Comics Korner: Bodies #3

By travis - October 2, 2014

cover for Bodies #3

The newest issue of Bodies from Vertigo has four murder mysteries throughout time that are slowly beginning to intertwine.

Newly released on the Vertigo imprint is Bodies #3, the continuation in the murder mystery that spans 160 years. The series is created and written by Si Spencer, with art by Dean Ormstrom, Phil Winslade, Tula Lotay, and Meghan Hetrick each drawing one of the four detectives in a different time period. Somehow these four murders are connected, but like any good mystery, there seems to be way more questions than answers.

Bodies #3 opens in present time as we ride shotgun with Detective Superintendent Hasan and her father on their way to mosque. We learn that Hasan doesn’t feel comfortable around the Imam, so she’s having her father ask him about the symbol that is engraved into her victim’s wrist. However, before he can get to the front door, a huge explosion erupts from a car parked near the building. Amidst the mayhem, Hasan notices that a banner with the same markings can be seen near the explosion site. After confirming that her father was still alive, she concludes that this was no accident. This was a message, and it’s time for her reply. I really enjoyed how pissed off and intimidating Hasan looks at the bottom of the second page, with tears running down her face but her teeth clenched tight. She and her partner Barber start tracking down low level, or as she puts it “cannon fodder” men, and are able to locate one named Robert Taylor. When the police barge in on his shed, he is in the middle of some hand to gland combat. Obviously, Taylor is surprised by the police intrusion, but can’t really do much about it. Amongst his personal effects, the cops find a treasure chest filled with Nazi memorabilia. When Taylor objects to the search, claiming he’s a patriot, it hits Hasan’s last nerve. She loses it on this guy, and beats the snot out of him while claiming how much more of a patriot she will ever be than him. Taylor’s cries for help fall on deaf ears as the other detectives look away and let Hasan finish. We leave this time period with an enraged Hasan walking away from a beaten Taylor.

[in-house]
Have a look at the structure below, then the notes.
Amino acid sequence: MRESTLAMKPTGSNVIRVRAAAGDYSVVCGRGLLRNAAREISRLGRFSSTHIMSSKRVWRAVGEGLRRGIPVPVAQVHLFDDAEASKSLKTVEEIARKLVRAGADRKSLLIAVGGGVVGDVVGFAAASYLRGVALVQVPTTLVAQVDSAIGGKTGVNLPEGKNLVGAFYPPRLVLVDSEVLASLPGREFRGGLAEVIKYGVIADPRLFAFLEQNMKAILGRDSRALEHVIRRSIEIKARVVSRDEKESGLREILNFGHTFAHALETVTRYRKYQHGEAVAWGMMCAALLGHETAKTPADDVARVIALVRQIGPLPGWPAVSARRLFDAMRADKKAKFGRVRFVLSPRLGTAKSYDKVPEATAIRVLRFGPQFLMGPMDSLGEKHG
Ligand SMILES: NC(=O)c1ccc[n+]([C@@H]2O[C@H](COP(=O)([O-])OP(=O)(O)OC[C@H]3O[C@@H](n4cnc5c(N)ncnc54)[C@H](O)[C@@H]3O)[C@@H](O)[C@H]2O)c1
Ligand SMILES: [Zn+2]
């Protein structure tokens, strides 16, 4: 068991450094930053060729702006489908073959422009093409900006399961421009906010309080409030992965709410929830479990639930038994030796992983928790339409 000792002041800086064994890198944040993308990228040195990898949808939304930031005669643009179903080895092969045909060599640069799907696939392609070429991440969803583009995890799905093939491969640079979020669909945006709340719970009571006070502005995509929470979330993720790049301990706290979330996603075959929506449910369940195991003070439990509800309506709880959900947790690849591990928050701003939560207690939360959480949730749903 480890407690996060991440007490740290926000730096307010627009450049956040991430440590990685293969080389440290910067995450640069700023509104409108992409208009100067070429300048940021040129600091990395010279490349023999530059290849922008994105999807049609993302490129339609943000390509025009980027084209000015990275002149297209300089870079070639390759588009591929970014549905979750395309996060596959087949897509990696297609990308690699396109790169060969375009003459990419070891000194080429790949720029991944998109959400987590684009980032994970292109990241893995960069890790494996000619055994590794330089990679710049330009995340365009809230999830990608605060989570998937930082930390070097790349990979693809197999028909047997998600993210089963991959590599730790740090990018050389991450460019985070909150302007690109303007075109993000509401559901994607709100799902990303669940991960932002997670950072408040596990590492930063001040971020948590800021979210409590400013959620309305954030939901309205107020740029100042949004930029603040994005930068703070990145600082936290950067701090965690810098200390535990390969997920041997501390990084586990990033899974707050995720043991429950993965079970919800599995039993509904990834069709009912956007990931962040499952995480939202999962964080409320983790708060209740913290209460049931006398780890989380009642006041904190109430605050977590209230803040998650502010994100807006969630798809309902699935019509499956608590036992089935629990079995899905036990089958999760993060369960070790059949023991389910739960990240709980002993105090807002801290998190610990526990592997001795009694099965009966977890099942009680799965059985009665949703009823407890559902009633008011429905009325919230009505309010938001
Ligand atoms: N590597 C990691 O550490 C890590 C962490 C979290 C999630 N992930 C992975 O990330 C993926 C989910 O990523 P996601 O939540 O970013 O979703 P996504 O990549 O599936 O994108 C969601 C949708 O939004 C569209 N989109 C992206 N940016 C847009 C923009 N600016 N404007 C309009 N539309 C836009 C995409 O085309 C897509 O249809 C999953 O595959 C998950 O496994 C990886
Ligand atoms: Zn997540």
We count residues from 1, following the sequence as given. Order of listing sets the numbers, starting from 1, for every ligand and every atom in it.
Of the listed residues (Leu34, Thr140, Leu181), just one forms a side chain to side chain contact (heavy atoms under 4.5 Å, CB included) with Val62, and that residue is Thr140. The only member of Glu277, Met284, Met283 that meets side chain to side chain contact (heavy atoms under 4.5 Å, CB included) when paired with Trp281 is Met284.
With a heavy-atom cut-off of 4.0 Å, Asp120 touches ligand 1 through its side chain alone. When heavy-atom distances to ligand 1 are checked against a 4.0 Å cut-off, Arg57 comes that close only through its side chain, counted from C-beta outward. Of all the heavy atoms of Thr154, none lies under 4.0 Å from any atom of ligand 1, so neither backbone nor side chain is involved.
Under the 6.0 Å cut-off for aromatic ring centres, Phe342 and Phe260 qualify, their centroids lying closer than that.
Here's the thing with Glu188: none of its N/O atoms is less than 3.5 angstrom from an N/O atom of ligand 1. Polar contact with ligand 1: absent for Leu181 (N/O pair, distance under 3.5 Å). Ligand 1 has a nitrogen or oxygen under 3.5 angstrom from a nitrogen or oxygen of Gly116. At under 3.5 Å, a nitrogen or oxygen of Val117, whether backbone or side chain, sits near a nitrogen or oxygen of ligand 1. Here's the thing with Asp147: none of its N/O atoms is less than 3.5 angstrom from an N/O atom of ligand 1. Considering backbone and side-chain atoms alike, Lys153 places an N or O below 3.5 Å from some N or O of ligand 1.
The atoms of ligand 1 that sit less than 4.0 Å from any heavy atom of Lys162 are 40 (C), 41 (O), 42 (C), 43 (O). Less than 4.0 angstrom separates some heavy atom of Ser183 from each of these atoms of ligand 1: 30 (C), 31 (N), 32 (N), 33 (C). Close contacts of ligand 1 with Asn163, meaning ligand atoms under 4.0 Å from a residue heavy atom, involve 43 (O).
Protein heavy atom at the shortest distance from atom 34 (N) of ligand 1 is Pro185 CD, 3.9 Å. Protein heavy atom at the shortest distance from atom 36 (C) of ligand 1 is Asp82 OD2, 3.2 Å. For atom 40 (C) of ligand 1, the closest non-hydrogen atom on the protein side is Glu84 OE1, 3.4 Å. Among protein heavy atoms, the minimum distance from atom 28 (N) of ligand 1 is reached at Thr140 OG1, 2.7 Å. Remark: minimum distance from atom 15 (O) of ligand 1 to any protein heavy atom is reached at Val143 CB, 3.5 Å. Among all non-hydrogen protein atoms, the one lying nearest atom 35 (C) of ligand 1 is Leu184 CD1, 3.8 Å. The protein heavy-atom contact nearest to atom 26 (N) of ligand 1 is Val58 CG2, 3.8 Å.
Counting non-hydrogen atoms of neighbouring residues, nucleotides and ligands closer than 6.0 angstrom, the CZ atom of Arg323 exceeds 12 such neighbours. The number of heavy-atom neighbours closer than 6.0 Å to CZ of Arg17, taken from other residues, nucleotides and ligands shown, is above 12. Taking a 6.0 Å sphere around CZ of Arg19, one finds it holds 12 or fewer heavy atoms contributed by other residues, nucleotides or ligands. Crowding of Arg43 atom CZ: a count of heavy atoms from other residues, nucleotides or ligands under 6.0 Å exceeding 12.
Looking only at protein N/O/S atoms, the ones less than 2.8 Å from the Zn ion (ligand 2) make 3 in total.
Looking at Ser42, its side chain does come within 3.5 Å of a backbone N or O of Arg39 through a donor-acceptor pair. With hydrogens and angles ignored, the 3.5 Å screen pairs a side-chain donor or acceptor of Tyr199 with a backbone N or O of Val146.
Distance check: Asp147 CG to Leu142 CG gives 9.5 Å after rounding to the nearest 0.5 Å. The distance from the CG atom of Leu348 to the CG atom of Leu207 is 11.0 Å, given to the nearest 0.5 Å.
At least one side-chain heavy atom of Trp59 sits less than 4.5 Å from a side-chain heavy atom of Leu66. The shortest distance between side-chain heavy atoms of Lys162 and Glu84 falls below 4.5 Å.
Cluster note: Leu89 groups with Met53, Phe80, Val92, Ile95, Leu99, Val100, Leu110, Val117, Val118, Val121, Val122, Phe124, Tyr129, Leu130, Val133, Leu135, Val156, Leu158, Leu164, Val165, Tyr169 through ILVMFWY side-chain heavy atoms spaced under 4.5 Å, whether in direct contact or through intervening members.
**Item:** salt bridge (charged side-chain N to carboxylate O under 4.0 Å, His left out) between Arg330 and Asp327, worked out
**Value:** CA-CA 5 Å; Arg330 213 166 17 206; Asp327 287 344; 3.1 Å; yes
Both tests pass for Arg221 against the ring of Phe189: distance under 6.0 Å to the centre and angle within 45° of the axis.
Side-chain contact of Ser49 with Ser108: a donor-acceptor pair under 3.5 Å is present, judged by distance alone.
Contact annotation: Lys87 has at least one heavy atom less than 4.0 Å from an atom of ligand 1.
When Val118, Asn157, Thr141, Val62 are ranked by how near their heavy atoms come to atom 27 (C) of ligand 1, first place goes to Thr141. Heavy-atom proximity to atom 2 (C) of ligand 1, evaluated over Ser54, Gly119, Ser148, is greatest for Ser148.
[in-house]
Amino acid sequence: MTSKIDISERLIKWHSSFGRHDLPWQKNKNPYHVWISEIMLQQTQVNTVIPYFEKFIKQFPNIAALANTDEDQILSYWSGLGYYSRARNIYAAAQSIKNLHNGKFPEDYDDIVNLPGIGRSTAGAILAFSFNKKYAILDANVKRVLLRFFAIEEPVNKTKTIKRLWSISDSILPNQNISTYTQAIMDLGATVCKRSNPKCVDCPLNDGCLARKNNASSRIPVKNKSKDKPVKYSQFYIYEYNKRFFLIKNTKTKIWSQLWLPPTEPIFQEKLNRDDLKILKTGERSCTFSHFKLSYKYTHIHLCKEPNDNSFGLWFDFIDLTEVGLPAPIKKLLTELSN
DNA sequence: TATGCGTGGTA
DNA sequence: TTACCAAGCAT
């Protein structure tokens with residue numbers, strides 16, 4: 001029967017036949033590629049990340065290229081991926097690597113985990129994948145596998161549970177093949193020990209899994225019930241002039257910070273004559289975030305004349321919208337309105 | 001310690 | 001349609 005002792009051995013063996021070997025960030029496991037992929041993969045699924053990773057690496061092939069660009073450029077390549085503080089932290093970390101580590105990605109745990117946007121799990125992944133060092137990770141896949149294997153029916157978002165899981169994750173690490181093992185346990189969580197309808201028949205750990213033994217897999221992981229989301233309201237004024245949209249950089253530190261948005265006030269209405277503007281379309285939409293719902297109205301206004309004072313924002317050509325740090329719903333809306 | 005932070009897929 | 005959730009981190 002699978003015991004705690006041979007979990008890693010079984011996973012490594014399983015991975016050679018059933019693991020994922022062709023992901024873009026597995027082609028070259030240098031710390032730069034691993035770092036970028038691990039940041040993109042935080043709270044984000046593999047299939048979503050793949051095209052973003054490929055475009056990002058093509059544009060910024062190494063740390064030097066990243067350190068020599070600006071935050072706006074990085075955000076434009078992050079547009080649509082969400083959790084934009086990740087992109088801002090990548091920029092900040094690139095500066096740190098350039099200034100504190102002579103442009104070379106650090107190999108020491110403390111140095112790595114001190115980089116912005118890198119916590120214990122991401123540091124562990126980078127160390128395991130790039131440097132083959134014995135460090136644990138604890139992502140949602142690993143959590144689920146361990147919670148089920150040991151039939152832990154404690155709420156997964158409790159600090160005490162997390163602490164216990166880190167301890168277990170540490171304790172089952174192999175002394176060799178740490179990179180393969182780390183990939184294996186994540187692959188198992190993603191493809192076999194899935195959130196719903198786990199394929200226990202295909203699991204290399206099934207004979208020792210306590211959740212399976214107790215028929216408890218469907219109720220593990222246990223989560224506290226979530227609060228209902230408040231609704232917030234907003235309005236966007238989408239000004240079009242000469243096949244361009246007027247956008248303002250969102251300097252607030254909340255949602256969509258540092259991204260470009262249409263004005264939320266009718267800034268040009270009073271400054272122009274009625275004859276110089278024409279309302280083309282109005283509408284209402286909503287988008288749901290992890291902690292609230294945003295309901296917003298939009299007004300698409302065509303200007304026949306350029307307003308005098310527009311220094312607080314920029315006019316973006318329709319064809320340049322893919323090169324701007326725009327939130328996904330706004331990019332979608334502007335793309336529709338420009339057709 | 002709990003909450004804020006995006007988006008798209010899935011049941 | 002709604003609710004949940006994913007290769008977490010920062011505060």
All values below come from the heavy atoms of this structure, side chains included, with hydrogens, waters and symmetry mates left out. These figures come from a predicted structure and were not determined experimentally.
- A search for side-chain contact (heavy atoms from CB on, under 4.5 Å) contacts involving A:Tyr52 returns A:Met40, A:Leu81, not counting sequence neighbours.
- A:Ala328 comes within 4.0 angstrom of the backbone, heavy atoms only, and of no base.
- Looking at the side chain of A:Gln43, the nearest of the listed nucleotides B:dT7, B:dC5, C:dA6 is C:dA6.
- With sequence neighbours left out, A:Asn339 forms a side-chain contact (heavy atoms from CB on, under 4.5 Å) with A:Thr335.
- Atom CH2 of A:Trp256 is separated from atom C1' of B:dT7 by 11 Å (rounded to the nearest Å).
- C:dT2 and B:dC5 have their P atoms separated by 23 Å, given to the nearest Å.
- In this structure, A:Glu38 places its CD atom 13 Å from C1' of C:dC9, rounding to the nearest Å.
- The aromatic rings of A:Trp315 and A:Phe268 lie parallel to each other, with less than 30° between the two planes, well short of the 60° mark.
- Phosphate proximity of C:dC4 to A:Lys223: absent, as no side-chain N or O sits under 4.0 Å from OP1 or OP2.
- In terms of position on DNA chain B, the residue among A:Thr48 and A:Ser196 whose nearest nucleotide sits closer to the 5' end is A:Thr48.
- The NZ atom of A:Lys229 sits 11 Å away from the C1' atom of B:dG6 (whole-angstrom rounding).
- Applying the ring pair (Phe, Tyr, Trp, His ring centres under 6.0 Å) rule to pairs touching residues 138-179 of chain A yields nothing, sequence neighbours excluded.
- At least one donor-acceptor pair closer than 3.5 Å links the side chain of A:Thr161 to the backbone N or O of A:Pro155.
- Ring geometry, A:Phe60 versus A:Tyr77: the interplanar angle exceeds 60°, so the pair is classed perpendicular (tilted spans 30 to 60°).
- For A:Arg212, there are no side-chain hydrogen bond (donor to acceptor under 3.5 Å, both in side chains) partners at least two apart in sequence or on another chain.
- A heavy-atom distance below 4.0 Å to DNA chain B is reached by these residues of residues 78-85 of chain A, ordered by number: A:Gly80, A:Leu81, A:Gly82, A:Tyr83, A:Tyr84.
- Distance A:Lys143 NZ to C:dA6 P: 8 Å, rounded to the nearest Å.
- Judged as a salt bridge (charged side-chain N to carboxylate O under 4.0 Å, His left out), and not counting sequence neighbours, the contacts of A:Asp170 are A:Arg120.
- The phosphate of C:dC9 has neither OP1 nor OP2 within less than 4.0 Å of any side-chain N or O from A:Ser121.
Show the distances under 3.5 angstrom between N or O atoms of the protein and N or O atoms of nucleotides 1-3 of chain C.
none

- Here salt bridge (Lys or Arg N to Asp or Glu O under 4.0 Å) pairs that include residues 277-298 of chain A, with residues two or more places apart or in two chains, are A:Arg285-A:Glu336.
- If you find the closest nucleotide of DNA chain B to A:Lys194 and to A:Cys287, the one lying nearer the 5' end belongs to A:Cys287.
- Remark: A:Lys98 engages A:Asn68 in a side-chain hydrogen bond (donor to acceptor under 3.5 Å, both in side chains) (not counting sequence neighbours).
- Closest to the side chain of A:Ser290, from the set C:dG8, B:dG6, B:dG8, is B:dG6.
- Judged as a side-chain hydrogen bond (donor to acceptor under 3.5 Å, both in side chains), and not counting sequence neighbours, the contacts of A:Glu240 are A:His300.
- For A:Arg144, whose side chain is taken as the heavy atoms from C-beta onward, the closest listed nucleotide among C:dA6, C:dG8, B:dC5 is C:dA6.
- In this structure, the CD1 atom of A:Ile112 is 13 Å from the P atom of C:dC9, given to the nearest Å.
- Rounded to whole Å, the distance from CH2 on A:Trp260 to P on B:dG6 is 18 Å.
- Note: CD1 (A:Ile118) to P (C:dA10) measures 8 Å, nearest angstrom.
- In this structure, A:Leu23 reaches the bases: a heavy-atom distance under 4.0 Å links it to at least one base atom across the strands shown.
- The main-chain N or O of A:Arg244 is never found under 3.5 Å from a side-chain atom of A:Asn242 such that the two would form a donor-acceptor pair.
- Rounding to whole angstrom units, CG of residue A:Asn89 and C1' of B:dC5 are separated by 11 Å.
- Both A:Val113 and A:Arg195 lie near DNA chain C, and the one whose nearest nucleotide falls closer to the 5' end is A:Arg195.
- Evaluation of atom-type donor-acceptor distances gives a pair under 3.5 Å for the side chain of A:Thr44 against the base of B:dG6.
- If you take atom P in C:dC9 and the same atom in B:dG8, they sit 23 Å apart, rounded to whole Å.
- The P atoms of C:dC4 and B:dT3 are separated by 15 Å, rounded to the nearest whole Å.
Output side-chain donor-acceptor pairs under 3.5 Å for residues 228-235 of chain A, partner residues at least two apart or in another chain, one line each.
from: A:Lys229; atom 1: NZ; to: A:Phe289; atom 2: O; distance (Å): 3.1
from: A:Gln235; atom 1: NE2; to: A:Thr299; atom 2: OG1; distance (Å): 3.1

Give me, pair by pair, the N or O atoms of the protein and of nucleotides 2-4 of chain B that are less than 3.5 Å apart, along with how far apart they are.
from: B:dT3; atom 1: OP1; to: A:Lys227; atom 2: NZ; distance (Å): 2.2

Through the ad break, we jump back seventy years and pick up with Inspector Whiteman watching some other police brutality go down. A group of constables are stomping the heck out of a nazi soldier who is currently in their custody. In an attempt to play the good cop, Whiteman offers the guy a cigarette, but the nazi soldier is more curious about Whiteman’s accent than anything. Whiteman says it’s Polish, but it seems like Whiteman isn’t telling the whole truth. The next part of the story is kind of confusing to me. The German asks how Whiteman escaped the ghettos, to which Whiteman responds by telling a story about his eighteen year old niece. However, the six panel flashback shows a girl much younger looking than eighteen, walking hand in hand with an older man. They are both wearing the Star of David, which were mandatory accessories for all Jews in Poland in 1939. We see a man dragging a girl along, rather forcefully, with the girl showing some signs of defiance. Next we see the man trade the girl to a Nazi soldier for what looks to be a passport and a miniature zeppelin. The Nazi then tries to know the young girl in the carnal sense, but his session is cut short by a quick knife swipe across his throat. Then in the last scene, we see the man draw a Luger on the girl, and shoot her through the head. Not sure if this is included to make us not trust Whiteman at face value, or if I’m misinterpreting what is being presented. The two men continue talking for a bit until Whiteman is pulled away by another officer. Before he leaves, the Nazi pulls Whiteman in close and whispers weisst du geliebt werden, which is know that you are loved in German. This phrase has been included at several different points in this series, and is becoming the “Bad Wolf” of this series. Also interesting is the fact that Whiteman understands German. Anyone can learn a language, but it could be possible Whiteman isn’t originally from Poland. From here, Whiteman heads to the morgue to join the enraged Mahoney standing over a corpse. Mahoney can tell that the body in the morgue isn’t his nephew, and wants answers about where he is from Whiteman. However, he doesn’t get much before storming off in a fit of rage. So, in an attempt to put an end to the confusion, Whiteman heads back out to Long Harvest Lane to sift through the rubble of the building that was bombed in the first issue. There amongst the debris is the Irish kid, leaving Whiteman confused as to who is laying on the table in the morgue.